If you’ve used the Tamron 28-75mm f/2.8, you’ll be quite familiar with the drawing style of the Tamron 17-28mm f/2.8, as they share a lot in common with regards to color and contrast. The 17-28mm features strong contrast and punchy color throughout the aperture range, with a fairly neutral color rendition. This level of color and contrast is excellent for landscape and architecture shooting.
As you can see in the shot below, color is rich, and the contrast pops without being overwhelming or without nuance. I mistakenly took this (and a few others you’ll see in the image samples) in APS-C crop mode. I had been testing an APS-C lens on the camera the night before and forgot to switch out of that mode before the morning’s shoot, but the lens’ characteristics still shine through.
In my day-to-day shooting with the lens, I found the Tamron 17-28mm to have extremely low chromatic aberration, with essentially zero field relevant lateral chromatic aberration and a distinct lack of longitudinal CA as well. And then I realized that the lens contains a baked in correction for chromatic aberration that is present in the RAW file itself. This can not be disabled within Adobe products, and it is auto-applied in Capture One as well. As such, the average shooter will never see uncorrected CA. However, it is possible to disable this built-in profile in Capture One, and when doing so, you see the lens does natively exhibit some lateral chromatic aberration, though even uncorrected it’s not particularly egregious.
Distortion, Flare and Vignetting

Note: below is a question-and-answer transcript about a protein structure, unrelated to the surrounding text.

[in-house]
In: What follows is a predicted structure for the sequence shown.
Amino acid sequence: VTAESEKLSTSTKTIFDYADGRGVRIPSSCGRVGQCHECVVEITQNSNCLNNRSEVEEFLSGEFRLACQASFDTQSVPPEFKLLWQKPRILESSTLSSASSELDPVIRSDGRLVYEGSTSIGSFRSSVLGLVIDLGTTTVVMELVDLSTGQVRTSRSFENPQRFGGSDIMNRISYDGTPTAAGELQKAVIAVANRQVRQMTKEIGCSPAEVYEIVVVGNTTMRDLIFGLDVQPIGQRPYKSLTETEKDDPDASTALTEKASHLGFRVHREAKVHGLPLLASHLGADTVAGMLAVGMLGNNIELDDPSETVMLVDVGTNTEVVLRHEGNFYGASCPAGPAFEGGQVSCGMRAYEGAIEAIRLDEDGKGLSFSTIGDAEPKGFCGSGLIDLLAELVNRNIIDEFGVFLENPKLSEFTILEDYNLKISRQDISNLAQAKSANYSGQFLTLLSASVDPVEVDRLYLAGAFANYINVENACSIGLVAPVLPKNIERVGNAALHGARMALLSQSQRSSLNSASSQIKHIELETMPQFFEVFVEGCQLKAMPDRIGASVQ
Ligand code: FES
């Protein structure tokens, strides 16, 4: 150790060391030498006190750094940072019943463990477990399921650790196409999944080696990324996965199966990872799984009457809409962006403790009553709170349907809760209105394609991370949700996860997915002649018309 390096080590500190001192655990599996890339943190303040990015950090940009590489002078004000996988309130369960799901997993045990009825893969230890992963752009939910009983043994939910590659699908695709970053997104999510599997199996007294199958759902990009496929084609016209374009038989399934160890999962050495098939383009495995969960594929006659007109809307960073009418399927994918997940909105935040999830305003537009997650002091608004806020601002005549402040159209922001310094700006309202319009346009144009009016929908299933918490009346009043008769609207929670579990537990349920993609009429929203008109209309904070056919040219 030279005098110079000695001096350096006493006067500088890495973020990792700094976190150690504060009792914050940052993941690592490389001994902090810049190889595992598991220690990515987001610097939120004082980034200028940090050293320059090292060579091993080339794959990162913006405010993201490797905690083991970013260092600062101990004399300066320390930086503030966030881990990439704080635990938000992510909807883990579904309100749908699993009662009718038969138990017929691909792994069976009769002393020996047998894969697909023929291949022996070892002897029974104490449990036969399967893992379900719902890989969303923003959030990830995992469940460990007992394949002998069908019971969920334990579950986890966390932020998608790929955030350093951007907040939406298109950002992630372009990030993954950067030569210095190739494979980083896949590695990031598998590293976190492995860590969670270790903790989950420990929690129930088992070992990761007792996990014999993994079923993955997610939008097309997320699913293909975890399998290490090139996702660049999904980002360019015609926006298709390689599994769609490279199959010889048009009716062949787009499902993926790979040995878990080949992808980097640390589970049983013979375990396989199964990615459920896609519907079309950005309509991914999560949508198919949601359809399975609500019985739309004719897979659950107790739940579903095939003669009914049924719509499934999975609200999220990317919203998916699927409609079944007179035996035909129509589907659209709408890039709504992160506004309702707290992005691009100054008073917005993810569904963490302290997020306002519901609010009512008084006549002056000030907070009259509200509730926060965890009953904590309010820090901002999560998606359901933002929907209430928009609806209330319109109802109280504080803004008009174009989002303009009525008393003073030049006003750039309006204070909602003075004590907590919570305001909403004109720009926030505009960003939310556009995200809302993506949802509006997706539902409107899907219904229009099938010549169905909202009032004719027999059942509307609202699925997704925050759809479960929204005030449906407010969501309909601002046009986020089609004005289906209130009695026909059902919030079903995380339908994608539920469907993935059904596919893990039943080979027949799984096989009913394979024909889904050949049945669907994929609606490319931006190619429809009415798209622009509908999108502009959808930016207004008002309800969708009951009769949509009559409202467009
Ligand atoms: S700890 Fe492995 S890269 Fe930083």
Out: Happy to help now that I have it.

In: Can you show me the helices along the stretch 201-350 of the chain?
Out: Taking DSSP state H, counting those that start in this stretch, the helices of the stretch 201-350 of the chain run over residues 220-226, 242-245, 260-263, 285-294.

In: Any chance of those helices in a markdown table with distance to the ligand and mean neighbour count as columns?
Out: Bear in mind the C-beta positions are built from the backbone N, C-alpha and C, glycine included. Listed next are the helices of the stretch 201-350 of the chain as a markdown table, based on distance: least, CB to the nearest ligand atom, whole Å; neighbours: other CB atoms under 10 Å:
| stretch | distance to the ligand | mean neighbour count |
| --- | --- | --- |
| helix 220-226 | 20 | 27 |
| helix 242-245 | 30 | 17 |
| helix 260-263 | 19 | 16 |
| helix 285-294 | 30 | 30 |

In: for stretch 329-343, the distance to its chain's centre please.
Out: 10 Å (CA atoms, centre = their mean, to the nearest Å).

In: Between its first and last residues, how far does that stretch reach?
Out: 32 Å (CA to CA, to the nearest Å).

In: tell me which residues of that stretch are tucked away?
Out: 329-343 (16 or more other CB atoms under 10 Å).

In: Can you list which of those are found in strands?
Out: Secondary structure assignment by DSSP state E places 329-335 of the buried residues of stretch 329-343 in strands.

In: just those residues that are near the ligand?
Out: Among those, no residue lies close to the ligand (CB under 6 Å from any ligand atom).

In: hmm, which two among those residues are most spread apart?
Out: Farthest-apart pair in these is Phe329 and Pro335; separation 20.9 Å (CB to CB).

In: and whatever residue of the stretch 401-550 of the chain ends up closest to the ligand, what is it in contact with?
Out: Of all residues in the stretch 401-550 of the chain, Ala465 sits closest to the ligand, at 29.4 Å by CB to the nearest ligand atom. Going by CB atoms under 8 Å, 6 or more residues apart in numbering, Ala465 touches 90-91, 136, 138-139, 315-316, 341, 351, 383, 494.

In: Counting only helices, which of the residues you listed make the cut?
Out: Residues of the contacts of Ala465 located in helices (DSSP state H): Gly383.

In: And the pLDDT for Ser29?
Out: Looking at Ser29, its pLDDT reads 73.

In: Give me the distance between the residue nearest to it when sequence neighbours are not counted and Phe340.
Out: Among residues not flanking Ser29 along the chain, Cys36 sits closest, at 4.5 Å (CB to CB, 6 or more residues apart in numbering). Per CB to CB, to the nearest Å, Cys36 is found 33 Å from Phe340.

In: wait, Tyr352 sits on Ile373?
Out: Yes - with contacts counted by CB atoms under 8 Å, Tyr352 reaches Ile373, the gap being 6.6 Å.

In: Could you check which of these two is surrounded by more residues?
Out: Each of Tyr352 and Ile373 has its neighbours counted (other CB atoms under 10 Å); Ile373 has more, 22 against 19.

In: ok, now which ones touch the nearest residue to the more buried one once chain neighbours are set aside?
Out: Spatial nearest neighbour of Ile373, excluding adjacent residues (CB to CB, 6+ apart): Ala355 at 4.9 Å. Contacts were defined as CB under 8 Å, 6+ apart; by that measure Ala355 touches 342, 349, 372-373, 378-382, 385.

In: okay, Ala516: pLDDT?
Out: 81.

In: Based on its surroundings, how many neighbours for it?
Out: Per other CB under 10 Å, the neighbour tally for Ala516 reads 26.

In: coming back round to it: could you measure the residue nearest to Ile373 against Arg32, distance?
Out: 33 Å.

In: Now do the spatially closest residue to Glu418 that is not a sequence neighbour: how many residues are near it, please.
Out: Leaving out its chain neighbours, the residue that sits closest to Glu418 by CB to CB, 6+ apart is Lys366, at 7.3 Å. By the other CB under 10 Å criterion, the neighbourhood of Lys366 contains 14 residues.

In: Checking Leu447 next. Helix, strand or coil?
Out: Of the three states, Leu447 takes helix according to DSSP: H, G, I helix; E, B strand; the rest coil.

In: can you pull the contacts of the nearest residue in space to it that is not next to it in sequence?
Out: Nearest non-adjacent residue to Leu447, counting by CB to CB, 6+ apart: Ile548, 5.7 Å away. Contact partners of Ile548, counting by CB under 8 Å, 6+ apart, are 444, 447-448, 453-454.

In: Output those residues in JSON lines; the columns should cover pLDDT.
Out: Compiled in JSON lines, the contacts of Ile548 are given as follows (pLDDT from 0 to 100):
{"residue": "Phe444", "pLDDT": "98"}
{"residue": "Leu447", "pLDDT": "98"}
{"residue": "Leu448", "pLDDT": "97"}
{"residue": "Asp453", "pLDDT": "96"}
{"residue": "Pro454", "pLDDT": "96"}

One area where the built-in profile does some heavy lifting, however, is in distortion correction. Without the lens profile applied, the 17-28mm f/2.8 shows fairly pronounced barrel distortion at the wide end of the zoom range, that transitions to quite a bit of pincushion distortion at the long end. Both are completely taken care of by the built-in lens profile.
Vignetting is fairly substantial as well without profile application, with darkened edges visible at wide apertures, and even persisting a bit stopped down. I never found it particularly objectionable, but I always like a bit of vignetting in my images anyway.
One area where Tamron really succeeded is in flare control. The 17-28mm is extremely resistant to flare. The lens shows minimal ghosting, with generally small flare ghosts that are unobtrusive. With the sun at the edges of the frame, contrast remains strong, with little to no veiling flare. The Tamron puts in an excellent performance here.
I didn’t have a lot of chances to test coma with the lens, but from the minimal situations where coma would present, I found it to be a fairly good performer in that regard. As a result, the lens should be a relatively good choice for astrophotography. When I get the chance to properly put the lens through an astrophotography test, I’ll update this section with specific images.
In all, the Tamron 17-28mm f/2.8 is a very strong performer, with very good image sharpness, excellent color and contrast, fantastic flare control and good control of chromatic aberrations. On the down side, bokeh is a bit rough and the lens relies on software correction to fix distortion.